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Scientists use 3D printing to create injection-free vaccine cloth

October 6, 2021 – Most vaccines is administered by injection of the needle. But shots are not necessarily the most effective or efficient way to get a vaccine. Scientists have been experimenting with micro-needle patches to deliver a vaccine painlessly into the outer layer of the skin with dozens of very small needles covered in the vaccine solution.

Now researchers have found a 3D printing method that allows them to adapt microneedle shapes in the spots to different pathogens, such as flu, measles, hepatitis, or COVID-19. In tests with mice, the spots resulted in stronger and longer-lasting immune responses than traditional shots under the skin. The research team describe their findings in the Proceedings of the National Academy of Sciences.

Small needles, big advantages

Previous research has shown that the administration of vaccines into the skin can elicit a stronger immune response because the skin has a high concentration of immune cells. But shots can be painful and require skilled medical providers.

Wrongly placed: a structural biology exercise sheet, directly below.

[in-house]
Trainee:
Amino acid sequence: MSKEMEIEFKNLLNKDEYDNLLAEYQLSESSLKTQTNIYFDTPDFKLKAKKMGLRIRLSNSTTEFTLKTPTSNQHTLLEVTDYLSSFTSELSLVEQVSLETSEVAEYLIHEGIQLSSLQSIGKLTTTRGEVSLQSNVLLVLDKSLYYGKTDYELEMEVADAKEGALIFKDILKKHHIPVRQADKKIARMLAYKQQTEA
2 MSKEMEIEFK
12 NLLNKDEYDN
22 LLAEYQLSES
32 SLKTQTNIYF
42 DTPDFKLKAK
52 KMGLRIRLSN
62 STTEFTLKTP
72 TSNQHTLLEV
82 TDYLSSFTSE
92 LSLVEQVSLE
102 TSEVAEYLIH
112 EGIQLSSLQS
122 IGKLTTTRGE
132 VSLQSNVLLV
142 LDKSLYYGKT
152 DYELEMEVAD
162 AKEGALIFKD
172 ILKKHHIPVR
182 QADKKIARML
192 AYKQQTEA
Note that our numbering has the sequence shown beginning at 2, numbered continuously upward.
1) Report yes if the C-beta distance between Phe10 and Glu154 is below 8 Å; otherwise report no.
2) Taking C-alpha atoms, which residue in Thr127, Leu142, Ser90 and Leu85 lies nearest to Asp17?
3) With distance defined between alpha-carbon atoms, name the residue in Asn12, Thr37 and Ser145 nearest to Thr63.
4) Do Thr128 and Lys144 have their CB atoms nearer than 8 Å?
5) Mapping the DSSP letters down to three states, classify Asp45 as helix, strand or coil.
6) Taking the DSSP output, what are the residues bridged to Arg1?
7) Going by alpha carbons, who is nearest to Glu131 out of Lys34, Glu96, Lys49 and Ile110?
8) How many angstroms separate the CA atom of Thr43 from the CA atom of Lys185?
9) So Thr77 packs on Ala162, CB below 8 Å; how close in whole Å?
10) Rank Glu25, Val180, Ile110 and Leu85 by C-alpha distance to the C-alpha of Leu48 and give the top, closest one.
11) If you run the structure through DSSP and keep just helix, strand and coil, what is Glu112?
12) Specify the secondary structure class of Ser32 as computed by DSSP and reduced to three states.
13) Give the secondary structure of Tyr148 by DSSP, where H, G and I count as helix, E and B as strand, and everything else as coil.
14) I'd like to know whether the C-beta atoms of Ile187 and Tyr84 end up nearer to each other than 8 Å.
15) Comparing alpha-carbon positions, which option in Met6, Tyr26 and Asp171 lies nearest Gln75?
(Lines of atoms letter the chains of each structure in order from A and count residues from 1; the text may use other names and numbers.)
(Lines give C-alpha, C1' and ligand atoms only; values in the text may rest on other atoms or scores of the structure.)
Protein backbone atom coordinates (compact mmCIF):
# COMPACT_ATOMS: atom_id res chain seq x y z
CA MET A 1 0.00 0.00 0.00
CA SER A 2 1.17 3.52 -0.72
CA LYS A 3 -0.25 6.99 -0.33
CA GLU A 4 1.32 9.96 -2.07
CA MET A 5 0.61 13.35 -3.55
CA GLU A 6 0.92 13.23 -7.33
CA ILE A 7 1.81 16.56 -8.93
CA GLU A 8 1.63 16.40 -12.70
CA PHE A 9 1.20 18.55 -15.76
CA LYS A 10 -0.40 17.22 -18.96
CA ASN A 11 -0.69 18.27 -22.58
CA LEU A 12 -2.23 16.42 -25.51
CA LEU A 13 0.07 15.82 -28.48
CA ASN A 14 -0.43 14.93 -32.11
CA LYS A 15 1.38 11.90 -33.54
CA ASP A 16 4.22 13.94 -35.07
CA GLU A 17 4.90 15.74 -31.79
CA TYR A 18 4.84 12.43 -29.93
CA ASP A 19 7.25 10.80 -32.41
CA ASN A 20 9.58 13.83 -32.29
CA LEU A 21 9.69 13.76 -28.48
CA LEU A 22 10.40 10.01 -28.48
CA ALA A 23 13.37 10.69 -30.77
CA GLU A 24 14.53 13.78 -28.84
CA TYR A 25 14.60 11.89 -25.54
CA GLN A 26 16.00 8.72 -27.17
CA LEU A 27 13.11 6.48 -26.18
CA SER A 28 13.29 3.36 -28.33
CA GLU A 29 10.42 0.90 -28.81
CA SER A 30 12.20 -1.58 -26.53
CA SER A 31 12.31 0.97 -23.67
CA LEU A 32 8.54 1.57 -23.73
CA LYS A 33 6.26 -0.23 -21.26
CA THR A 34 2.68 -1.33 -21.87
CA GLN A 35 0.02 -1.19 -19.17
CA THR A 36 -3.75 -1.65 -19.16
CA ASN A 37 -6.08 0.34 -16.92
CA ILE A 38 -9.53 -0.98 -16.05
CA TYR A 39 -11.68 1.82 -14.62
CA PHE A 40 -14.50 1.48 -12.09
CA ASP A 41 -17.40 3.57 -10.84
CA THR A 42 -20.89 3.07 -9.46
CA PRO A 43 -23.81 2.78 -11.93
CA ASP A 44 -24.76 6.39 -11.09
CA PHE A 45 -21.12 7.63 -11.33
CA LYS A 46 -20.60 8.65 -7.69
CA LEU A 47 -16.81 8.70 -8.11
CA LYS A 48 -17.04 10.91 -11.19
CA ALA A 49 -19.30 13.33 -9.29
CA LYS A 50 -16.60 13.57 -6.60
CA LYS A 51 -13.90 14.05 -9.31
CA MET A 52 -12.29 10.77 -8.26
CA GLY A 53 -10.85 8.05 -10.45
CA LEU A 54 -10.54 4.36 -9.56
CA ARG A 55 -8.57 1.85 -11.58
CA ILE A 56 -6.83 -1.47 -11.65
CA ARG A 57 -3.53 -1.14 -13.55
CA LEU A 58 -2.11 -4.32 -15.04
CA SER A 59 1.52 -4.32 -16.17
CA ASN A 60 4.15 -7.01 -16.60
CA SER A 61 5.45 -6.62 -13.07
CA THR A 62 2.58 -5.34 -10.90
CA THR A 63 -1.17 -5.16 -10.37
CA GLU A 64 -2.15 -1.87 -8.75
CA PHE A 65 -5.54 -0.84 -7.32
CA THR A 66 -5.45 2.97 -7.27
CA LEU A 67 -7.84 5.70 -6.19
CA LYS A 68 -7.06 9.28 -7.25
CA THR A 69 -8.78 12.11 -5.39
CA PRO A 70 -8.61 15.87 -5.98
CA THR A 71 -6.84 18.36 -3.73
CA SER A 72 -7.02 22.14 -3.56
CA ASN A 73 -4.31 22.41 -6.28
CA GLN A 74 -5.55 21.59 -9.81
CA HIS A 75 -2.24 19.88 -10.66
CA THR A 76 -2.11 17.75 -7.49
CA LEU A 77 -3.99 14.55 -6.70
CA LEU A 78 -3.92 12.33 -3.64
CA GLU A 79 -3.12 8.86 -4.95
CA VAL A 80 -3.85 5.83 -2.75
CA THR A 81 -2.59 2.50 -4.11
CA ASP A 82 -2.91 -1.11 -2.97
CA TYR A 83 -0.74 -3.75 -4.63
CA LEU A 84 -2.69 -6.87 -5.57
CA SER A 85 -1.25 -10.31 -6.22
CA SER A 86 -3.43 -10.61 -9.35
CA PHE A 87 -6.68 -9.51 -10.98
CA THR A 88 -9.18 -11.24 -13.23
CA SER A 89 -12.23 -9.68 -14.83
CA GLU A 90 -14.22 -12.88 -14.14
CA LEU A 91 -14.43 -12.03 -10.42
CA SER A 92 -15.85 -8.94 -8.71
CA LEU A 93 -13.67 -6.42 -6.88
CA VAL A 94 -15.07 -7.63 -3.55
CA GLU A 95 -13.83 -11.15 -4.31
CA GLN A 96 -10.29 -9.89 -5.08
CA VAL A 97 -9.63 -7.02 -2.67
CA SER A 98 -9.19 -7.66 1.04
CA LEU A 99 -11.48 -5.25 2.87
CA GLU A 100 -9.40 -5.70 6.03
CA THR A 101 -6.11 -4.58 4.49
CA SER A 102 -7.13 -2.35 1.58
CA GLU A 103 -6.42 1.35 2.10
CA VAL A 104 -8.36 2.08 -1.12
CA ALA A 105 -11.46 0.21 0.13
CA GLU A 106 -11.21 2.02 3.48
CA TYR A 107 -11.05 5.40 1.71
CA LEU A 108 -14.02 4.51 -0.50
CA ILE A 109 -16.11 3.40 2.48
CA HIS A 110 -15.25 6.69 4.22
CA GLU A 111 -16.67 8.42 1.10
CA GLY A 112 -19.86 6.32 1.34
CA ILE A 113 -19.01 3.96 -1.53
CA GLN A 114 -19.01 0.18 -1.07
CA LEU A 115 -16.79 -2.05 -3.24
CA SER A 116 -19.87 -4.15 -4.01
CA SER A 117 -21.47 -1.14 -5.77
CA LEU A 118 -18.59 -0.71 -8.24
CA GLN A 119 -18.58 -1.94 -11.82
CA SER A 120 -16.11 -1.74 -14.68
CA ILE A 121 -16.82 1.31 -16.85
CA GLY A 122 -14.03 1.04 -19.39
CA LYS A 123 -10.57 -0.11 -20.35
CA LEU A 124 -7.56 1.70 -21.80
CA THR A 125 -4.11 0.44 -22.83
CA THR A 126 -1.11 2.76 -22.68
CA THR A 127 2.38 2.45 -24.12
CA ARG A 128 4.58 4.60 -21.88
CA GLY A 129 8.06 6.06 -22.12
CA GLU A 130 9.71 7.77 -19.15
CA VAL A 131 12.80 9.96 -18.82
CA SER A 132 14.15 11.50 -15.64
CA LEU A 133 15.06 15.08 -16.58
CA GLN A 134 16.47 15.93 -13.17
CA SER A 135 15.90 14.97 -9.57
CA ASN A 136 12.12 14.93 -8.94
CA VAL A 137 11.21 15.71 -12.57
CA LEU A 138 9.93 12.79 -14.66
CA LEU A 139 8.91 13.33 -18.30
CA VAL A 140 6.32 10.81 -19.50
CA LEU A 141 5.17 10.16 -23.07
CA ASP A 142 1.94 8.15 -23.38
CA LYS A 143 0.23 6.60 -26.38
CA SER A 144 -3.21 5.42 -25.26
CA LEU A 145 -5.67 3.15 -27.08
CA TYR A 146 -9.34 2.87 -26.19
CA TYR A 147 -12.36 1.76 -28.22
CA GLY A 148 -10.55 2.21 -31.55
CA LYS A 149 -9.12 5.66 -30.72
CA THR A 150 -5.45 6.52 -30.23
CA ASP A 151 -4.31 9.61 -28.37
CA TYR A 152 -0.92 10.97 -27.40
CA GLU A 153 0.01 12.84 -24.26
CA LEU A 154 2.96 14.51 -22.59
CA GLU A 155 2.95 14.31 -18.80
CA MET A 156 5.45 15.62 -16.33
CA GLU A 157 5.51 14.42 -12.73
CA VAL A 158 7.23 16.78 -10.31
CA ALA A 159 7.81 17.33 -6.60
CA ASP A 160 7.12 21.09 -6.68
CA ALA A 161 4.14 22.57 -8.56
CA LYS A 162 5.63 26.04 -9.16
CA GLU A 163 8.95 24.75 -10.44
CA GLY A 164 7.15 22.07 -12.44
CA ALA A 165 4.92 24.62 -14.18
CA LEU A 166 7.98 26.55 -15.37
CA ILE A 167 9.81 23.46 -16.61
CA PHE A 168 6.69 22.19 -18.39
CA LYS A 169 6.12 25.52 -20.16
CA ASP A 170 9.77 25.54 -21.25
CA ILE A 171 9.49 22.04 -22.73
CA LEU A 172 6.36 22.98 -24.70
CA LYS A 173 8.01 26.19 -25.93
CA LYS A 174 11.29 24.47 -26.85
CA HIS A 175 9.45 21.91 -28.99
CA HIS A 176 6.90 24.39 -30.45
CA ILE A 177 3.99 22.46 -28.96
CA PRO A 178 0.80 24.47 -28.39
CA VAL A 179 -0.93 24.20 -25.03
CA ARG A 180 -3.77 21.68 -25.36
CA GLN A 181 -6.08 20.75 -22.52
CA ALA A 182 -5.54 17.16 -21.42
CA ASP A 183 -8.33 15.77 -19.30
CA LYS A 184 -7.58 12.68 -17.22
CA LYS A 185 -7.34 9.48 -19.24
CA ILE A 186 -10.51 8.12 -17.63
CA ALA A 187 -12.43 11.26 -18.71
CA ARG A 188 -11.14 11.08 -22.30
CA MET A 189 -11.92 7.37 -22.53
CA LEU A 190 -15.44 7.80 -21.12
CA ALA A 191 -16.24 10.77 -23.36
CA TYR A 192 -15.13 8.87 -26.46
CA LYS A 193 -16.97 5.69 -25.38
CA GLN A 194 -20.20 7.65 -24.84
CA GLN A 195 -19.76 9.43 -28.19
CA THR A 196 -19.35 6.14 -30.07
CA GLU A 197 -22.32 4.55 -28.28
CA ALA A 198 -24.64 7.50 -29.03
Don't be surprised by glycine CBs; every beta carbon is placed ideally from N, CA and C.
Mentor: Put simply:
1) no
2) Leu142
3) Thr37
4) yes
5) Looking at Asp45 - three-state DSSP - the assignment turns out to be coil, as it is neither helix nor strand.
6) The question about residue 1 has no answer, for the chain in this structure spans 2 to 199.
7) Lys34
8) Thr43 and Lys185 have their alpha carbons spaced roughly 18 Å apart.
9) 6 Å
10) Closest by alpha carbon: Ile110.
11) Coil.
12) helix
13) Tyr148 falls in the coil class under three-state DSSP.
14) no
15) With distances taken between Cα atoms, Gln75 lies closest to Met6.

Microneedles deliver the vaccine painlessly into the skin without the need for a trained physician. A person can even give the vaccine to himself.

The needles – made of metal, silicone or plastic – are so small that they penetrate only the sticky outer layer of skin. The prospect of a painless vaccination without an internal needle may decrease anxiety in people who fear needles.

Scientists can also store dried patches after covering them with the vaccine solution, so that no preparation is required before the vaccine is administered, and the patches may not even require cold storage. This latest study suggests that the patches generate a stronger immune response than standard shots, allowing for a smaller dose than traditional methods of administering vaccines and possibly fewer side effects.

The shape breaks

Previous methods of making microneedle patches often used molds, but this approach limited the possibility of adapting patches for different diseases. By using the same shape repeatedly, the small needles can also become blunt.

For the 3D-printed patches, Cassie Caudill at the University of North Carolina at Chapel Hill and her colleagues use a printing technique that greater control over and consistency in the shape of the microneedles. The investigators printed two shapes: a slender pyramid microneedle similar to previous versions, and one with serrated grooves that look like a pine tree.

The larger surface area of ​​the grooves allows researchers to add 36% more of the ingredient that elicits an immune response, compared to using only the pyramid shape, but still less than a normal shot. Each patch contains only 1 centimeter by 1 centimeter 100 microneedles that are just over 1 millimeter long. The researchers found that the patch in mice has a stronger immune response than a normal shot, despite the fact that it contains a much smaller dose of vaccine ingredient.

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